So, church I dream is a place of food, hospitality, and waiting on each other, for these things are the foundations of community – foundations that our forebears knew and then ritualized into ‘holy communion’. 

In a sense Covid has taught us all that there were things we did before 2019 that weren’t all that important to do, and things that we did before that are now even more important to do.  Like encouraging the best in each other, caring as much as we can, when we can, how we can, and finding (when it’s safe) the time and means to eat together.  Actions, not beliefs.  Together, not alone.

This ‘church of the waders’ for which I dream is not really belief-based, but action-based.  To join you have to get up and move.  You don’t keep sitting and ponder a doctrine or two.  You move to where there is life, relief, and hope.  Faith is a doing word.  As is god.

There was an opinion piece of mine published in the NZ Herald at Easter, about Easter, about us embodying and becoming the hope of Easter.  And afterwards I received some less than complimentary correspondence.  Mostly along the lines of ‘if you don’t believe what I think Christians should believe, then please leave’. 

The Office of the Auckland Church Leaders (I didn’t even know there was such a thing) made contact too, and we had a pleasant discussion.  But after about 15 minutes of chatting and finding some common ground, they asked me whether I believed in the Nicene Creed.  It was the moment of ‘Is Glynn one of us or not?’

The story from Acts 11 today recounts a similar dilemma for many of the Jesus groups in the 1st and 2nd century when they saw and understood themselves as being part of the house of Israel.  And individuals and families, like that of Cornelius’, would come knocking at the door.  Outsiders asking to come in.  What were the rules of entry?

The Jesus groups were making up, or rather discarding, the rules as they went, led by this spirit of inspiration, encouragement, and inclusion. 

Did you have to be born a Jew to belong to the house of Israel?  No.  Did you have to believe the Torah and commandments like others did?  No.  Did you have to, as a male, be circumcised to belong?  No.  Did you have to keep to a kosher diet?  No.  So, their critics would have asked, what constituted belonging?  Surely, they might have said, since you’ve given up on what Jews believe, so you should surely leave.

We could ask the same of questions of us as Presbyterians.  Do you have to like the bagpipes or haggis or understand Robbie Burns?  No.  Do you have to believe in the Westminster Confession?  No.  Do you have to agree with the fundamental doctrines held to be so by the majority of Presbyterians?  No.  So, what constitutes belonging?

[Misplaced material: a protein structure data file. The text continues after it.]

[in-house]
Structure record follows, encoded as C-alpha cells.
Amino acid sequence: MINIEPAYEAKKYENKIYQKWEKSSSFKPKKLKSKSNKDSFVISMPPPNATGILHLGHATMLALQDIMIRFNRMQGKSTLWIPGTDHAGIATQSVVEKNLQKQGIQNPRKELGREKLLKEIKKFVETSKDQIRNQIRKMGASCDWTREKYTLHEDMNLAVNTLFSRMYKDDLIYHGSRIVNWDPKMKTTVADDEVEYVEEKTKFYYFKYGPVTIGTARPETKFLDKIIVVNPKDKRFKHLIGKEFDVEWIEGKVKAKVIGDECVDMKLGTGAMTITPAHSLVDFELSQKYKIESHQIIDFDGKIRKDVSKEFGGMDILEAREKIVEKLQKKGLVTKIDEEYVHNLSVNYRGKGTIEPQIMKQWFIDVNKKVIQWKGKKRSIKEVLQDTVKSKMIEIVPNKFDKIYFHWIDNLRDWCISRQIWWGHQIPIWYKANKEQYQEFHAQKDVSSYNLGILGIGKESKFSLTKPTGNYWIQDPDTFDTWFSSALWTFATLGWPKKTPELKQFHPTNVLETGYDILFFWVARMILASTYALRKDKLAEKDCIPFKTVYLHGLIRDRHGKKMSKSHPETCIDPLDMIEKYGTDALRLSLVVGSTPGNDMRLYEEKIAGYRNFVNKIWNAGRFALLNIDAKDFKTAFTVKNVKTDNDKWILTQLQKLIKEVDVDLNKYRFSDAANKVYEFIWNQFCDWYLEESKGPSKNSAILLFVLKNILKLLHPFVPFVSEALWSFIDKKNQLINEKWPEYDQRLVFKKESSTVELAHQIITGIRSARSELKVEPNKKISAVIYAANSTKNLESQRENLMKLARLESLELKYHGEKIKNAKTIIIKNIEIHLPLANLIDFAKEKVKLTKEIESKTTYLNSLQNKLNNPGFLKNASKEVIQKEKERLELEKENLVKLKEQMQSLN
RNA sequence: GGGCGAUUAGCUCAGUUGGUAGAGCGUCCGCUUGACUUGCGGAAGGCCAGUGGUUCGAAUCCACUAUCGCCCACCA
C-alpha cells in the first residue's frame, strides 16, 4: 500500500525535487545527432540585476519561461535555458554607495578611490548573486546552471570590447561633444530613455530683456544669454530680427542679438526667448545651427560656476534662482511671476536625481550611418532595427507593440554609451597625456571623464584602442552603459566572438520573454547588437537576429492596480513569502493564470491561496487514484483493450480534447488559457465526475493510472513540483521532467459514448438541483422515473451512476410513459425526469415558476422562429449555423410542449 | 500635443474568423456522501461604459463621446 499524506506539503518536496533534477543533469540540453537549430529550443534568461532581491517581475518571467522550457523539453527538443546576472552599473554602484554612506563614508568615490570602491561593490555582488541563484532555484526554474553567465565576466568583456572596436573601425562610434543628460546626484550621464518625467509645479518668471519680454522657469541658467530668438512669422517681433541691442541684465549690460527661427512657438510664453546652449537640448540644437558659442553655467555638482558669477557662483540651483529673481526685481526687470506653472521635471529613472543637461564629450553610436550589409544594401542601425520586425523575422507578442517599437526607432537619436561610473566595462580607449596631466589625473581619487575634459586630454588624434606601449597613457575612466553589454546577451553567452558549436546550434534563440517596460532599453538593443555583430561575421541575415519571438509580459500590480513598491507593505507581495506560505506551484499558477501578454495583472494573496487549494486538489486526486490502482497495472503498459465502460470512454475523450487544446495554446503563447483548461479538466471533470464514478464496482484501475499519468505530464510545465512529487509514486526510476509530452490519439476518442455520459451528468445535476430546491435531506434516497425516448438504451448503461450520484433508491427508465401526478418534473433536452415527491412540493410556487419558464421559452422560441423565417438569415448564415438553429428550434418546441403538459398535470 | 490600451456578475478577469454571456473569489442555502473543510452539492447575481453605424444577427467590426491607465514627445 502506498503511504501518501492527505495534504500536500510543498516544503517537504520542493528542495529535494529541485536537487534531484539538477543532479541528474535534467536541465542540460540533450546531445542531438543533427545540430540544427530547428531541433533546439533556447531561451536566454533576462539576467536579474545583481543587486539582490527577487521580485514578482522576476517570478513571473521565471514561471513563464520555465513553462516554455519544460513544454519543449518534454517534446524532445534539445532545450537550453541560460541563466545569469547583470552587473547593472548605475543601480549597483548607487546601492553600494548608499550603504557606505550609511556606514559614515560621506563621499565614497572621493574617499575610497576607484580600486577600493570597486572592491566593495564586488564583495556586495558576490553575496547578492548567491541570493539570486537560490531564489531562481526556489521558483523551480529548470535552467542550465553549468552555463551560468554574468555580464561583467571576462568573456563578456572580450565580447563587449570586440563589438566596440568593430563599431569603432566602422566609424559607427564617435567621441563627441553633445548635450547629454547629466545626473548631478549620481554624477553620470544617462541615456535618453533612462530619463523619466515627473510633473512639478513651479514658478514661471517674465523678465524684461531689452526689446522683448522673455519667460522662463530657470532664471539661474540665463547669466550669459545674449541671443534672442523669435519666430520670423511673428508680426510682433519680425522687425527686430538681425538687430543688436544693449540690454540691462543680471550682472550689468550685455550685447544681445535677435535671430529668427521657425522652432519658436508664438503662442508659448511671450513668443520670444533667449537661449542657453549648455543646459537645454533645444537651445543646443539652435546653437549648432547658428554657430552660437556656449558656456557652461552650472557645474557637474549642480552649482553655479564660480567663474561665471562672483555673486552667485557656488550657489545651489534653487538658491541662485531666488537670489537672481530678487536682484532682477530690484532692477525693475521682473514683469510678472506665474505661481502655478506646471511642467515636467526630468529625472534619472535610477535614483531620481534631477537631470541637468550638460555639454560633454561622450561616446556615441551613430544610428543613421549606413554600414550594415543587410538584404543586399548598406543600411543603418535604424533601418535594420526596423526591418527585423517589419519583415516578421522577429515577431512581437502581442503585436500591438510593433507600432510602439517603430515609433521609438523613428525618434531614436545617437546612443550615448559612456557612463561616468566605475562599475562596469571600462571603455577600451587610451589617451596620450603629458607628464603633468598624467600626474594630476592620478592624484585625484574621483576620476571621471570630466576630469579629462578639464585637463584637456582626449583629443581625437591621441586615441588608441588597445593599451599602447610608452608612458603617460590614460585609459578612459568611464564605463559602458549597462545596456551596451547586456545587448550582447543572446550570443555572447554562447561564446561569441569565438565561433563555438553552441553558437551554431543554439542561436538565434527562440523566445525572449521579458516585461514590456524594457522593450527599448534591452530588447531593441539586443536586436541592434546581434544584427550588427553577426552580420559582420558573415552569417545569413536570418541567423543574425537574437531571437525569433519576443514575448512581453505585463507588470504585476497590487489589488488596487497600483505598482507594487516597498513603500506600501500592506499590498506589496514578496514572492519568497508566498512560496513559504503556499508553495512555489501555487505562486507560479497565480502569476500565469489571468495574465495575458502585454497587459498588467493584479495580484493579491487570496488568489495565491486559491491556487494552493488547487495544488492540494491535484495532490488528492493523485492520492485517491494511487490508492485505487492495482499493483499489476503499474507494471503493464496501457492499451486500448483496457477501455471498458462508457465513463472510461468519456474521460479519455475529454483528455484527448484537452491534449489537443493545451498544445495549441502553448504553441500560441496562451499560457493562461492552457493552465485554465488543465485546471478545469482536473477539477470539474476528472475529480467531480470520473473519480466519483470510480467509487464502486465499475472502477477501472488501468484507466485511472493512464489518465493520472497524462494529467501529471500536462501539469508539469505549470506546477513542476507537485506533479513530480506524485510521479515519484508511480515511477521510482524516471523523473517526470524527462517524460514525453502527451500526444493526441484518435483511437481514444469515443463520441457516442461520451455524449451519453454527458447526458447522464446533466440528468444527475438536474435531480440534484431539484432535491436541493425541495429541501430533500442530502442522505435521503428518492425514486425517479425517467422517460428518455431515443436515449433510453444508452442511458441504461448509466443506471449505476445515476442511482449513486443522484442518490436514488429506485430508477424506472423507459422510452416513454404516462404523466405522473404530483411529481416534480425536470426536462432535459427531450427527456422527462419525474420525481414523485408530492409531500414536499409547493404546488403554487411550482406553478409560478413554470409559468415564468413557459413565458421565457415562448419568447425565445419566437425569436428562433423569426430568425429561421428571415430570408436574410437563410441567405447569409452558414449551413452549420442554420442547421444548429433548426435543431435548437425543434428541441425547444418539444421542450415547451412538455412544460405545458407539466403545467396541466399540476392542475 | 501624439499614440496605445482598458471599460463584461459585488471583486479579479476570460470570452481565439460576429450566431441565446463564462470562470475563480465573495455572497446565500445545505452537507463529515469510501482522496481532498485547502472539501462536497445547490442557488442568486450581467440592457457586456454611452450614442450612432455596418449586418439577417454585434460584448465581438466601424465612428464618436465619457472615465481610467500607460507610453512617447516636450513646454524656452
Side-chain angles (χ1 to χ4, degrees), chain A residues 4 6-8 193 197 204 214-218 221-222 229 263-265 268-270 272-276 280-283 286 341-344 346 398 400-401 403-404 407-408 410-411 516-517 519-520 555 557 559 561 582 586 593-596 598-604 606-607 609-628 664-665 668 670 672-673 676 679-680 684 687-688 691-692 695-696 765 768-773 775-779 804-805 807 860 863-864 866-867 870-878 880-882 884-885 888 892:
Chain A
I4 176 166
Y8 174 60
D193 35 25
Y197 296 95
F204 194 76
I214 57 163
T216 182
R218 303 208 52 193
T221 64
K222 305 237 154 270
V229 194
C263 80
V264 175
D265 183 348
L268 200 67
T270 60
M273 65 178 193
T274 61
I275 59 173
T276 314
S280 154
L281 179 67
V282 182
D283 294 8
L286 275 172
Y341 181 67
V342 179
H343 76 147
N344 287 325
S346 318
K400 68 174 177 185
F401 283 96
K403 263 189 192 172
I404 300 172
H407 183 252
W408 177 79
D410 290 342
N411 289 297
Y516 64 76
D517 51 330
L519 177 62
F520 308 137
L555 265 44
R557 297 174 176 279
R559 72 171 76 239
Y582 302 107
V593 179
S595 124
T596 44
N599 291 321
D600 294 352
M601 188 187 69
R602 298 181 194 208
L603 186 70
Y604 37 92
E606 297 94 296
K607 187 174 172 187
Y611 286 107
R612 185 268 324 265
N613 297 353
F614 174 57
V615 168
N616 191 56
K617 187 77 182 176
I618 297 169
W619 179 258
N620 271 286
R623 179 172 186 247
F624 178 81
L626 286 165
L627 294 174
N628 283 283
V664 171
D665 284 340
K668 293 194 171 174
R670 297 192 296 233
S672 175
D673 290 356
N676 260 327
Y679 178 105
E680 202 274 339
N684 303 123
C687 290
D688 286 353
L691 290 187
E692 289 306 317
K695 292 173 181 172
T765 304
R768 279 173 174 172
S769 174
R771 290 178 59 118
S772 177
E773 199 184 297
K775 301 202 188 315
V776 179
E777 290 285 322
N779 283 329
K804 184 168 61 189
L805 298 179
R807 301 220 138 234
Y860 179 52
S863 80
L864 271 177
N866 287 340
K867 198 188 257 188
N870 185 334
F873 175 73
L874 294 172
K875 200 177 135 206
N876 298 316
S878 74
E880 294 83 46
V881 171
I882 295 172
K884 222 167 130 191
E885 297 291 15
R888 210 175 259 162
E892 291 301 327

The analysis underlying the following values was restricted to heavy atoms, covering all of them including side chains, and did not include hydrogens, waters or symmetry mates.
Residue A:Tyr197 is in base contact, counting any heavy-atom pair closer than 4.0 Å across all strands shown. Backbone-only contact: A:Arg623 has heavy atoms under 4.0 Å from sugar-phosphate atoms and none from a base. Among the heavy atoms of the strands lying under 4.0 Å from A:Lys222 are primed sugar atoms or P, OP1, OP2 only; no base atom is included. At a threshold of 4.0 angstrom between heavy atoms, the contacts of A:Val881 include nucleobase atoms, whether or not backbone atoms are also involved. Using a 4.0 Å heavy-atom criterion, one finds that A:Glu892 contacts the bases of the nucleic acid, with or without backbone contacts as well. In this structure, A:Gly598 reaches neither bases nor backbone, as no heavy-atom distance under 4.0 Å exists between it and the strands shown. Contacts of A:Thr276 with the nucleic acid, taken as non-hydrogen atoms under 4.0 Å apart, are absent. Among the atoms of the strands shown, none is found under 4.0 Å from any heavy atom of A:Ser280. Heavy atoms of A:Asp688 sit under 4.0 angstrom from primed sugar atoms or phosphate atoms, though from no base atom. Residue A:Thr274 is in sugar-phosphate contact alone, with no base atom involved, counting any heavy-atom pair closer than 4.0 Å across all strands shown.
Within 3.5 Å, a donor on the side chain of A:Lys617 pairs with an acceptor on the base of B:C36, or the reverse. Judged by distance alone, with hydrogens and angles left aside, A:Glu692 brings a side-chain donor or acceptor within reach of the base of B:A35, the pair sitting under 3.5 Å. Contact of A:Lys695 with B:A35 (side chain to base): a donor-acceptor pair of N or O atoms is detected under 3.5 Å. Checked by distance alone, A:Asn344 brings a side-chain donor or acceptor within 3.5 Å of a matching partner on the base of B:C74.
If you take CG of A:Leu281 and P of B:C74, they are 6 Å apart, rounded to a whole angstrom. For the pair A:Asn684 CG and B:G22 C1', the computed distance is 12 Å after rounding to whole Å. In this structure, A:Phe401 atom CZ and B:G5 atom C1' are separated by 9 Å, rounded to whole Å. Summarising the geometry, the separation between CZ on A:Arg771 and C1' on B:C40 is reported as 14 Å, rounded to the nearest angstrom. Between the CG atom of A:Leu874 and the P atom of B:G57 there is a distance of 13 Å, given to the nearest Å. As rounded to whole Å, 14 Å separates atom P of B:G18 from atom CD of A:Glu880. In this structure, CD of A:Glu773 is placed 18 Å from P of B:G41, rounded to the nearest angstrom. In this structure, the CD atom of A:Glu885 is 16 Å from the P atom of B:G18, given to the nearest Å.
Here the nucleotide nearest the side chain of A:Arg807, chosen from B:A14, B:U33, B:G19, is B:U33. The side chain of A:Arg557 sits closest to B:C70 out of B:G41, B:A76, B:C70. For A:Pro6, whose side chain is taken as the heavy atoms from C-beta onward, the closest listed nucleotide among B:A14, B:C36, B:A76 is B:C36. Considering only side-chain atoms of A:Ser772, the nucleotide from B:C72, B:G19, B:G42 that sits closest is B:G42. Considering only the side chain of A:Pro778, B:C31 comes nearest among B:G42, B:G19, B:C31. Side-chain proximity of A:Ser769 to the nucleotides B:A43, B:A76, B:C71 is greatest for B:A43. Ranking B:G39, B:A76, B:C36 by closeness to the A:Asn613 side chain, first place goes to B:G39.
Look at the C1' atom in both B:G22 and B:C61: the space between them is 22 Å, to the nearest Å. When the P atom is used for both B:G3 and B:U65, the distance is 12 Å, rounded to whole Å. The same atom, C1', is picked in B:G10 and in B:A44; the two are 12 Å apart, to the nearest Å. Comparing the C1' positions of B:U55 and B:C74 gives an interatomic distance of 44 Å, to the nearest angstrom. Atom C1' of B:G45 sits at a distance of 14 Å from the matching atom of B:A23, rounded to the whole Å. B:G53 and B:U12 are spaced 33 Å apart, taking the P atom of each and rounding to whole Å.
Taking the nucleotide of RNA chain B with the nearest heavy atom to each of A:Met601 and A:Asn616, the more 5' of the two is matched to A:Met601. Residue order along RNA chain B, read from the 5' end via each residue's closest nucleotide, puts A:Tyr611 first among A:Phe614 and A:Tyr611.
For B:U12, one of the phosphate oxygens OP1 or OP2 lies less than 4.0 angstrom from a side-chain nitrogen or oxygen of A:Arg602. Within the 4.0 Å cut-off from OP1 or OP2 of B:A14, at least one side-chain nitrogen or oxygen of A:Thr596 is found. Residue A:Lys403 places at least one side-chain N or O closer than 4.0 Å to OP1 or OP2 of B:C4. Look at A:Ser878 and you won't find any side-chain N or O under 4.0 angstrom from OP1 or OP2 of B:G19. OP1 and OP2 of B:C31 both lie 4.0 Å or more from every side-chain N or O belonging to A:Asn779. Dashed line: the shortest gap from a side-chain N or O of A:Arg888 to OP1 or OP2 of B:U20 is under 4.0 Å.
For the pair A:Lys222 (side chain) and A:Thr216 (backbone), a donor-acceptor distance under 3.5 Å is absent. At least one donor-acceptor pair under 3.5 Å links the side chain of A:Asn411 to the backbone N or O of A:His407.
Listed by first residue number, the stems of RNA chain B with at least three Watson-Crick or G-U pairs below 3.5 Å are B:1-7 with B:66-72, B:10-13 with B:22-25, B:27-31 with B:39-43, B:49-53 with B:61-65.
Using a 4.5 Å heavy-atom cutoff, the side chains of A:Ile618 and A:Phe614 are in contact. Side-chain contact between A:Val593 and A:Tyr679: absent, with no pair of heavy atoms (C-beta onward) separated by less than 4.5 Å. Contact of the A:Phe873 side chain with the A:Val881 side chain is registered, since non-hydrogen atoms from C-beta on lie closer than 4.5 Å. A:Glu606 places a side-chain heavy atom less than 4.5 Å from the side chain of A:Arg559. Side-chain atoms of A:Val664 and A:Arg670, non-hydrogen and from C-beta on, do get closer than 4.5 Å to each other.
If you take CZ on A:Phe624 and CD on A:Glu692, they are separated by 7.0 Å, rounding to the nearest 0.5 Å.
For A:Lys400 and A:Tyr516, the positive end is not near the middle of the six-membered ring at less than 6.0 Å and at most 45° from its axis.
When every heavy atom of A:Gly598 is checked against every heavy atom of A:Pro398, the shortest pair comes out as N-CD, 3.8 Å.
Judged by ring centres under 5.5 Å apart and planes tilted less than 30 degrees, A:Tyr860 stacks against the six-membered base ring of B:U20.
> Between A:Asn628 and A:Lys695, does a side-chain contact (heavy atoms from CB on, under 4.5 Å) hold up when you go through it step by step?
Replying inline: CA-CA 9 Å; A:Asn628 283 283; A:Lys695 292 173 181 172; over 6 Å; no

When you re-read these old stories from the early days of the Jesus movement you realize there were no rules of entry.  Nobody did a police check, or a morality check, or a belief check on the likes of Cornelius.  Afterwards, apologists would say the spirit of God was with them, like the spirit was with us.  But that was afterwards, not before.  And anyway, what did that mean?

Around the same time as Acts was being written the author of the Fourth Gospel, whom we call John, was also creating his version of Jesus.  A version that reflects John’s experience as a member of Jesus groups in the early 2nd century.  And in our reading today John reduces the Law and the Prophets, the commandments and regulations, all the expectations of belief and practice, down to three words: ‘Love one another’.  As Michael Leunig quips, it’s as simple and as difficult as that.

To love one another we need to let each other in, be hospitable to another, without demanding a dress, behaviour, or belief code.  To love one another we need to learn the language of the other, in order to hear their story, their joys and pains and hope.  To love one another we need to allow the other to love us, to be a community of mutuality and reciprocity.  To love one another we need to allow others the space to be different from us, believe different from us, knowing that none of us know all the truth or practice it.

So, the church I dream is kind of like this:  A church on the way.  A place of story to inspire, encourage, and include.  A place that makes for wellbeing, justice, and hope.  A place where these songs are sung.  Where spontaneity and joy are the norm.  And church is a gathering, with food, hospitality, mutuality, and reciprocity.  A holy communion.  Where all can belong.  And church has only one commandment, one ethic, one doctrine, one plumbline vision, one clarion call: ‘love one another’.  It is a church of friends.

* P. 202, Maybe (Maybe Not) R. Fulghum